The elites, the chattering classes, and the media proved enthusiastic, gyrating cheerleaders for the Prime Minister--ignorant, credulous, unsophisticated bimbos all. Now that Rudd has pulled the plug, to change metaphors, they have been left high and dry--cruelly exposed as swimming naked. They are throwing all kinds of hissy fits at their humiliation and public degradation. It turns out they leaned on a thin reed and it broke.

The New Zealand Herald provides a summary of the outrage of the jilted lovers:
Prime Minister Kevin Rudd's decision to jam his proposed greenhouse emissions trading scheme into the back of the darkest cupboard he could find has unleashed his worst demons. The media that had once admired his resolve and energy have turned on him with a vengeance, attacking him as a weakling lacking the courage of his convictions and scrambling back in panic from the attacks of Opposition leader Tony Abbott.
The government spinmeisters have tried to defend the embarrassing volte-face by blaming it on the stubborn intransigence of Tony Abbott. It is not working.
It is not a defence that sits well with the nation's most influential commentators, especially not when climate change had earlier been at the vanguard of Rudd's policy agenda, and an issue on which his critics had been lambasted as cowards for refusing to face "the greatest moral and economic challenge of our time".

"As retreats go they come no bigger than Kevin Rudd's delaying of his once-cherished emissions trading scheme, probably the most spectacular backdown by a Prime Minister in the past half-century," Paul Kelly, one of Australia's most distinguished political journalists, wrote in the Australian. "There will be many words written about Rudd's retreat but it is simply crystallised: he is a Prime Minister without the courage to champion the policy that defined him."

Political columnist Dennis Shanahan, writing in the same newspaper, was equally scathing, depicting Rudd's Government as an Administration spiralling into political and policy chaos. He said the public and the media were sensing an air of confusion and retreat, with the ETS decision the latest and most dramatic reversal in a slash-and-burn campaign ahead of next month's federal Budget.

But the most trenchant non-hypocritical criticism has comefrom Andrew Bolt, a correspondent for the HeraldSun, who has consistently skewered Rudd's extravagant and reckless stand. (Hat Tip: Fairfacts Media)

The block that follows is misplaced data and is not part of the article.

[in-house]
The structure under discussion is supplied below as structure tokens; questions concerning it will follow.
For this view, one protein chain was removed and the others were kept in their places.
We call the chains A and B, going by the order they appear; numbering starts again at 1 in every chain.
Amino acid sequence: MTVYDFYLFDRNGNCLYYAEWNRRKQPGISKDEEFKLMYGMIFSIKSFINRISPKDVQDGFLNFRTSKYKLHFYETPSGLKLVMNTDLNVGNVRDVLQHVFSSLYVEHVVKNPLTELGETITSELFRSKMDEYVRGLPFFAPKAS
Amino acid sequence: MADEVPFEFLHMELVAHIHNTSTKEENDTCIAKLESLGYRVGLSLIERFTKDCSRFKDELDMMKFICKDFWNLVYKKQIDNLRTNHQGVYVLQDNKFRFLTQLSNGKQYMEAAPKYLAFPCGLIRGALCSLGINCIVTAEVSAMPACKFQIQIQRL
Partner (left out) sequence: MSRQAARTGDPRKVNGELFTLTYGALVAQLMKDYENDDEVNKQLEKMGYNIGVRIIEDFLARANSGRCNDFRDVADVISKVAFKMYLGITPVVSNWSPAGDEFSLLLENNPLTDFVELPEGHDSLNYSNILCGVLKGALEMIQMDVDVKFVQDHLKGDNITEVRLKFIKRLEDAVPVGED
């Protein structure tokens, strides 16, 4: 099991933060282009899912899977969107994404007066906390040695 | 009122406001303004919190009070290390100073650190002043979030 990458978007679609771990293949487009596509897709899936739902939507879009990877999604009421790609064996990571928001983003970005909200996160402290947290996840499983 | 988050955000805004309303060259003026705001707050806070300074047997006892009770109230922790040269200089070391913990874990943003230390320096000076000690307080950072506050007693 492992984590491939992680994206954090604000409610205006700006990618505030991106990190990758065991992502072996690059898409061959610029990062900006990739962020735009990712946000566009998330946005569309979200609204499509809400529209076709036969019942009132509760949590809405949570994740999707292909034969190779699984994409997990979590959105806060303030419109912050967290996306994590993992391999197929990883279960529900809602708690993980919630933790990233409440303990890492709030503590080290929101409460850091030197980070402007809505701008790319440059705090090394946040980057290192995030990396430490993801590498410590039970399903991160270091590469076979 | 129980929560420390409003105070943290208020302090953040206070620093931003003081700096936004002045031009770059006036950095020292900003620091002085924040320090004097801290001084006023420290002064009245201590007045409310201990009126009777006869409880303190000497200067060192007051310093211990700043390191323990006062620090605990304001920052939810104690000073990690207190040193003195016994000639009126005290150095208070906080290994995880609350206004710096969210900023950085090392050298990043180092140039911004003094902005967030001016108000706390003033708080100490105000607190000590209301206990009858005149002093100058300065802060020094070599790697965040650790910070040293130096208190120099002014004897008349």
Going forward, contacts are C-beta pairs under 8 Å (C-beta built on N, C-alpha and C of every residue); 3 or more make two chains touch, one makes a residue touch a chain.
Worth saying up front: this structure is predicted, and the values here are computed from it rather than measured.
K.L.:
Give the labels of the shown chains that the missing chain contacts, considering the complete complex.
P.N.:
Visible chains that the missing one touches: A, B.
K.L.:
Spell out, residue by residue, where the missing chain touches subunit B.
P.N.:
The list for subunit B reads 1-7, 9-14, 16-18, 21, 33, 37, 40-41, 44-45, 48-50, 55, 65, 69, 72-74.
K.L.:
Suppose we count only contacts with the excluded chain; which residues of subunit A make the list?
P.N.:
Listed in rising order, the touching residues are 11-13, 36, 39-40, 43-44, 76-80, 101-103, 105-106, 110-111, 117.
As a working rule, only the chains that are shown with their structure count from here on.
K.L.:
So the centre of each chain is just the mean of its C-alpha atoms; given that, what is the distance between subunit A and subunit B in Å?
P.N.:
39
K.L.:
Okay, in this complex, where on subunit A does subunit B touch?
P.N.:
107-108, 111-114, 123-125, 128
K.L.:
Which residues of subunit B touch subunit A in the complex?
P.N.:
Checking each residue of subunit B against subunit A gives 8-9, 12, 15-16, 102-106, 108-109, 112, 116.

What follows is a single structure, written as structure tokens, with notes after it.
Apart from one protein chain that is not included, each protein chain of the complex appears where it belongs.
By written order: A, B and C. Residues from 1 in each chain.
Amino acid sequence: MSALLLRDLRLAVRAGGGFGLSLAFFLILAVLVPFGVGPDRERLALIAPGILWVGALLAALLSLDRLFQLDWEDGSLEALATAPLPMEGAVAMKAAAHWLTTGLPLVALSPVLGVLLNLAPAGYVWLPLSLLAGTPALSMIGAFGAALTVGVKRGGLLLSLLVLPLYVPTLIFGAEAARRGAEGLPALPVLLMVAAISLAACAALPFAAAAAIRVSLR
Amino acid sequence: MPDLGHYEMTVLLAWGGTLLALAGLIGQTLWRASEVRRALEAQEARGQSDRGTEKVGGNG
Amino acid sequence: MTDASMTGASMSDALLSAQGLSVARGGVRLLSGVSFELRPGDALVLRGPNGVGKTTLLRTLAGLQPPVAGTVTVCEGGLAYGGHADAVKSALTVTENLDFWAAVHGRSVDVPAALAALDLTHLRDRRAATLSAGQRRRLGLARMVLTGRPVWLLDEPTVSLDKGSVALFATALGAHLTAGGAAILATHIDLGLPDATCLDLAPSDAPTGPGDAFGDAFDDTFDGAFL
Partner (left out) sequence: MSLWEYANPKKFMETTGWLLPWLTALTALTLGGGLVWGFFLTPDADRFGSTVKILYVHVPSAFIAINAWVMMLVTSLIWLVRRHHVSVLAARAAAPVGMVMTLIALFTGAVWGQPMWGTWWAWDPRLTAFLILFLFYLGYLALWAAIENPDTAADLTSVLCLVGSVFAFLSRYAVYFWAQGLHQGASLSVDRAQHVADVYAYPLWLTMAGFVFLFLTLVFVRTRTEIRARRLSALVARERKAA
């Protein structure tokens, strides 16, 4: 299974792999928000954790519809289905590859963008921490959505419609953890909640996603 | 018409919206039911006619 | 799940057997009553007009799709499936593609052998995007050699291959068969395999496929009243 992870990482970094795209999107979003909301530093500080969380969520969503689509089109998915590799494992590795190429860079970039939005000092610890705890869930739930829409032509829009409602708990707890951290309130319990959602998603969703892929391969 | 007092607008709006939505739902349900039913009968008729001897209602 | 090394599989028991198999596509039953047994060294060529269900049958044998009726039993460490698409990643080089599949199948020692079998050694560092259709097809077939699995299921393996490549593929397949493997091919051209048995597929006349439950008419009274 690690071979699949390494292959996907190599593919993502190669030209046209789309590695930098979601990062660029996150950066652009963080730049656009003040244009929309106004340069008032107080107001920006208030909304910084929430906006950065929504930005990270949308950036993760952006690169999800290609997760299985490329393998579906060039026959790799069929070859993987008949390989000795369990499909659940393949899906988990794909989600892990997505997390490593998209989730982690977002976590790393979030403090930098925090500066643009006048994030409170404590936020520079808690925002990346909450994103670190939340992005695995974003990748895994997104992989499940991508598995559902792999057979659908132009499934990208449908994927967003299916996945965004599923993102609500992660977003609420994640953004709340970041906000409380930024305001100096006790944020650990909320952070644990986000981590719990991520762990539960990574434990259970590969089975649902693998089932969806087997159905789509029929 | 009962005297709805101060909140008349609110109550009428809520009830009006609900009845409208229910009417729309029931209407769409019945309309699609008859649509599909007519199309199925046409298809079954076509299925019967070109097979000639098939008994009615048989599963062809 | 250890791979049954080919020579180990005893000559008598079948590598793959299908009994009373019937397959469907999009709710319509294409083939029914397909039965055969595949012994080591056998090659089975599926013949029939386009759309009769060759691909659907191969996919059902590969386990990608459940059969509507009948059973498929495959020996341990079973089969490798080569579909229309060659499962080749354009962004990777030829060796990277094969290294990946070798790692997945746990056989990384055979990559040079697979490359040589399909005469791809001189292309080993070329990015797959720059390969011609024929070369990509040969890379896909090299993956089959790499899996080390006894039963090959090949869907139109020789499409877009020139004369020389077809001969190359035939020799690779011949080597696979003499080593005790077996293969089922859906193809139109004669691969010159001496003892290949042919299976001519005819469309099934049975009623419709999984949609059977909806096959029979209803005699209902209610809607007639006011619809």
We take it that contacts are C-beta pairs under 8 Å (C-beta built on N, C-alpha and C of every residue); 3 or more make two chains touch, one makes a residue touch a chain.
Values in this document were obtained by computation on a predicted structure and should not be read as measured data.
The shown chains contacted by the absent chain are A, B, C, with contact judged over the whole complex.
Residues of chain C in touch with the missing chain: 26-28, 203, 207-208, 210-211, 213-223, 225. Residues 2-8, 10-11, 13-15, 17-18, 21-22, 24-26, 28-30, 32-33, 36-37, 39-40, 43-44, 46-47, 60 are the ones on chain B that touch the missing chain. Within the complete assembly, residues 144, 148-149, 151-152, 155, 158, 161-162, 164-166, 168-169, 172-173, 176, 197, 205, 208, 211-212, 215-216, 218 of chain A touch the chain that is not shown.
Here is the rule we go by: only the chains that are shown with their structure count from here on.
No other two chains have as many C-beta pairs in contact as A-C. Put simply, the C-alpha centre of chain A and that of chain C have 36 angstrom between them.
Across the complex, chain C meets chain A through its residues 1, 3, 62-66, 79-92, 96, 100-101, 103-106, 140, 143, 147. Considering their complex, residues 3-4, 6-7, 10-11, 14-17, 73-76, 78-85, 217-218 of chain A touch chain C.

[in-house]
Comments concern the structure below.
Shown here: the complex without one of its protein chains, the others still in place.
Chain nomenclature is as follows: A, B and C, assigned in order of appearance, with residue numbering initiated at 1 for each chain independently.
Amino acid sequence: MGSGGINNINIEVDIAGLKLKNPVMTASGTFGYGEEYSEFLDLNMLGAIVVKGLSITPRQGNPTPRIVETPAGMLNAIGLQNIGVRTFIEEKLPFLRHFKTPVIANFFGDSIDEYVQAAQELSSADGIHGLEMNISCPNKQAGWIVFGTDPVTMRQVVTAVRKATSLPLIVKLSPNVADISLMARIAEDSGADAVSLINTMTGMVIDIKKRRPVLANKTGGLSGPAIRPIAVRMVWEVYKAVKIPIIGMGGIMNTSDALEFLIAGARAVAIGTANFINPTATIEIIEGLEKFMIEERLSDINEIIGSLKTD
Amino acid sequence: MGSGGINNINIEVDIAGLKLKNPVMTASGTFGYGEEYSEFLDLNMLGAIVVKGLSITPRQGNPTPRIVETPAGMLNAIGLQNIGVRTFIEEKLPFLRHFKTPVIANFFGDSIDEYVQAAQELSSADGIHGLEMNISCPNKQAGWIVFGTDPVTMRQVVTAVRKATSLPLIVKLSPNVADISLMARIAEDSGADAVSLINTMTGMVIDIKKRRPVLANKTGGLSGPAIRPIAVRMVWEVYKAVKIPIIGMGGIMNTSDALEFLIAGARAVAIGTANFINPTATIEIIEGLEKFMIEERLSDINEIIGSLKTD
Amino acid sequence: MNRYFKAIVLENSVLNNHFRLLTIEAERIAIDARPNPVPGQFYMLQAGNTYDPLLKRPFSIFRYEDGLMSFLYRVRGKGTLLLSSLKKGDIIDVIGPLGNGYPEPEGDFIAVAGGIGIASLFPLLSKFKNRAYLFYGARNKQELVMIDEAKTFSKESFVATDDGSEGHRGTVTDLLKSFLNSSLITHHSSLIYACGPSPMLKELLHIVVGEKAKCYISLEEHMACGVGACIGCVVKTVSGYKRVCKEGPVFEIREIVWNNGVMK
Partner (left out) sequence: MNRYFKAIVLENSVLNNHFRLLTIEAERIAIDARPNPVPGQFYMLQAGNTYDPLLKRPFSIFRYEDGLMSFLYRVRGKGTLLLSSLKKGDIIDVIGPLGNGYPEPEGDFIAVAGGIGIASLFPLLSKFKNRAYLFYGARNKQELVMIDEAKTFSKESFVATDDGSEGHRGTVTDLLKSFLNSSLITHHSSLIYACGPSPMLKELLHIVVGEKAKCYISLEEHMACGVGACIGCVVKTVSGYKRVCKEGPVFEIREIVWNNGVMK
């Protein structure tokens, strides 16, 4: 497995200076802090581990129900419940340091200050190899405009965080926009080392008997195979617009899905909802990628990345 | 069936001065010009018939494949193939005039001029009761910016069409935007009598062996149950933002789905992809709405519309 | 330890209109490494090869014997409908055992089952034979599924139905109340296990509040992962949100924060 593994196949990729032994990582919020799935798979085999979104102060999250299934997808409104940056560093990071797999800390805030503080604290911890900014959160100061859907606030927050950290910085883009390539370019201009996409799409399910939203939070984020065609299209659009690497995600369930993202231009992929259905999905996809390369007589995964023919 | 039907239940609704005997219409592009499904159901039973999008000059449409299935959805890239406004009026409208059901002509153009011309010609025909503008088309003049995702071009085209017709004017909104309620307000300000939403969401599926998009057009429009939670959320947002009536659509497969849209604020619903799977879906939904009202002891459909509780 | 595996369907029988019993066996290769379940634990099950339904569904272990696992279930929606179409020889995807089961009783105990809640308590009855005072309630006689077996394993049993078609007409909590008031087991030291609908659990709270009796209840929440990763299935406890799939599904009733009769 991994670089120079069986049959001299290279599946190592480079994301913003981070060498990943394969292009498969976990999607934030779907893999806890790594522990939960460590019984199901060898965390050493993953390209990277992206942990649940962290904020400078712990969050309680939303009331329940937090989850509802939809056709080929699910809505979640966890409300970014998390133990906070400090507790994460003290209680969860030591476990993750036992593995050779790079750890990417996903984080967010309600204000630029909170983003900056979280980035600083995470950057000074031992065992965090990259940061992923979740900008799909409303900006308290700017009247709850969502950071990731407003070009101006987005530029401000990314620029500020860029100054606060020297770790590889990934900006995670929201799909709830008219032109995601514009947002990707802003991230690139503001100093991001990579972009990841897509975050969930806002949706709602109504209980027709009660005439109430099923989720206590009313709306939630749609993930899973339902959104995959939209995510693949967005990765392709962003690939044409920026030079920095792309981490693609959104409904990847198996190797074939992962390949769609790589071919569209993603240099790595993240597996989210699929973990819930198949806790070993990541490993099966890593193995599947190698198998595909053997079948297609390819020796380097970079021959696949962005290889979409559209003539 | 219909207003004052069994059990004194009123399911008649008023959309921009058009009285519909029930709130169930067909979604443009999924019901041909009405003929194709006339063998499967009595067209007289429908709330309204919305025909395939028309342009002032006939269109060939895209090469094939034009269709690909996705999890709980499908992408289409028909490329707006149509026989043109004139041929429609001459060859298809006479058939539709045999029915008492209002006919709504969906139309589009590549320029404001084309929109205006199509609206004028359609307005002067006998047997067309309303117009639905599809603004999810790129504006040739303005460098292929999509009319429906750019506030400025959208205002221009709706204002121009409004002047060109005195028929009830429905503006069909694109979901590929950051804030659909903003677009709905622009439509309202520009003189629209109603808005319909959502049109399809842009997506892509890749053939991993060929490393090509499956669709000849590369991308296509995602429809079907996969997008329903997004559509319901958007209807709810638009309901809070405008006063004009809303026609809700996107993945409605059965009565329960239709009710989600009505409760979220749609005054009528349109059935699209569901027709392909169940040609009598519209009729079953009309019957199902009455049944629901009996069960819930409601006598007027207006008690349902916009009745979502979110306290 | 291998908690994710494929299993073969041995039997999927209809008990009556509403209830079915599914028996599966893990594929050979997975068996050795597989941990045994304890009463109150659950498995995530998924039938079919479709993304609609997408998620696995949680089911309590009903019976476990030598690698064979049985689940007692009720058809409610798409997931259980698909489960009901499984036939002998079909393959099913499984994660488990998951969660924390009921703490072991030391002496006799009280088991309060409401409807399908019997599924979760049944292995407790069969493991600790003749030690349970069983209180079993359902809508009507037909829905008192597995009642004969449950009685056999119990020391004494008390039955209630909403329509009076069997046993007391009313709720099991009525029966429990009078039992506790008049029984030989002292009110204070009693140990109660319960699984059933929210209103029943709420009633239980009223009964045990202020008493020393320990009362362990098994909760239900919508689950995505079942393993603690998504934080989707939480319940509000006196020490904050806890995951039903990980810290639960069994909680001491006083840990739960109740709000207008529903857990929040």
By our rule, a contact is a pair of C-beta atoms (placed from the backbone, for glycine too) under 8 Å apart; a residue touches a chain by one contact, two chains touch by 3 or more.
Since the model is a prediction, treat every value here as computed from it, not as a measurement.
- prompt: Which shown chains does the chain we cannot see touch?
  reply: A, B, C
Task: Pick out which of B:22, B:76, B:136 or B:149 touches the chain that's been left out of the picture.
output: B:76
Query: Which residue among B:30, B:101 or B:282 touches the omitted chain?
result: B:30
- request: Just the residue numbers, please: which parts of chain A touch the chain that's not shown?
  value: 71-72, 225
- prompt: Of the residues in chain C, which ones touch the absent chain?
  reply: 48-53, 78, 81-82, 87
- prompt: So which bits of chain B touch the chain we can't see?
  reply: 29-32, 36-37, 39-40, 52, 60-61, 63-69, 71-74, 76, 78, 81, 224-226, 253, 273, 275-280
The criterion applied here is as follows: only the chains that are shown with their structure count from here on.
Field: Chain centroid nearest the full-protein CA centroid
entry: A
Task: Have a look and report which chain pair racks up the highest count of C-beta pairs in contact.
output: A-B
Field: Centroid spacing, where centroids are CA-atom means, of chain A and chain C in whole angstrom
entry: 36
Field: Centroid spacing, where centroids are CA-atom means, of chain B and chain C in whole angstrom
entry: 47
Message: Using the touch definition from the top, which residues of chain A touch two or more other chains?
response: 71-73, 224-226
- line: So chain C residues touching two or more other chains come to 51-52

The great fraud has been found out, and his country saved - for now - from the greatest of his follies. Here’s the worst lie that Kevin Rudd, perhaps our most deceitful Prime Minister, once told about global warming and his Emissions Trading Scheme: “The biggest challenge the world faces in the decades ahead is climate change. “It is the great moral and economic challenge of our time.”

But on Tuesday Rudd decided “the great moral challenge” of our time wasn’t, after all. It was just “a” challenge, he said. And with public trust falling in his ETS “solution” - a great green tax on gases - he cut and ran. His ETS would be shelved until at least 2013. Two elections away. Yet only last year this same Government claimed “delay was denial”, and we could not wait to save “our jobs, our houses, our farms, our reefs, our economy and our future”. To stop “700,000 homes and businesses” on our coast from drowning. (Another lie.)

Now Bolt is aware that we may think him a bit extreme and intemperate--sort of like the Prime Minister himself, maybe. His final sally is telling, however:
You may think I’m harsh on Rudd, but I say little that he hasn’t said himself - and of delayers just like him. I remember his speech last November to the Lowy Institute in which he vilified me and a few other sceptics he named: “The third group of climate deniers are those who pretend to accept the science but then urge delay because they don’t want their country to be the first to act. What absolute political cowardice. What an absolute failure of leadership. What an absolute failure of logic.”

You said it, Prime Minister. Or were you just spinning then, too?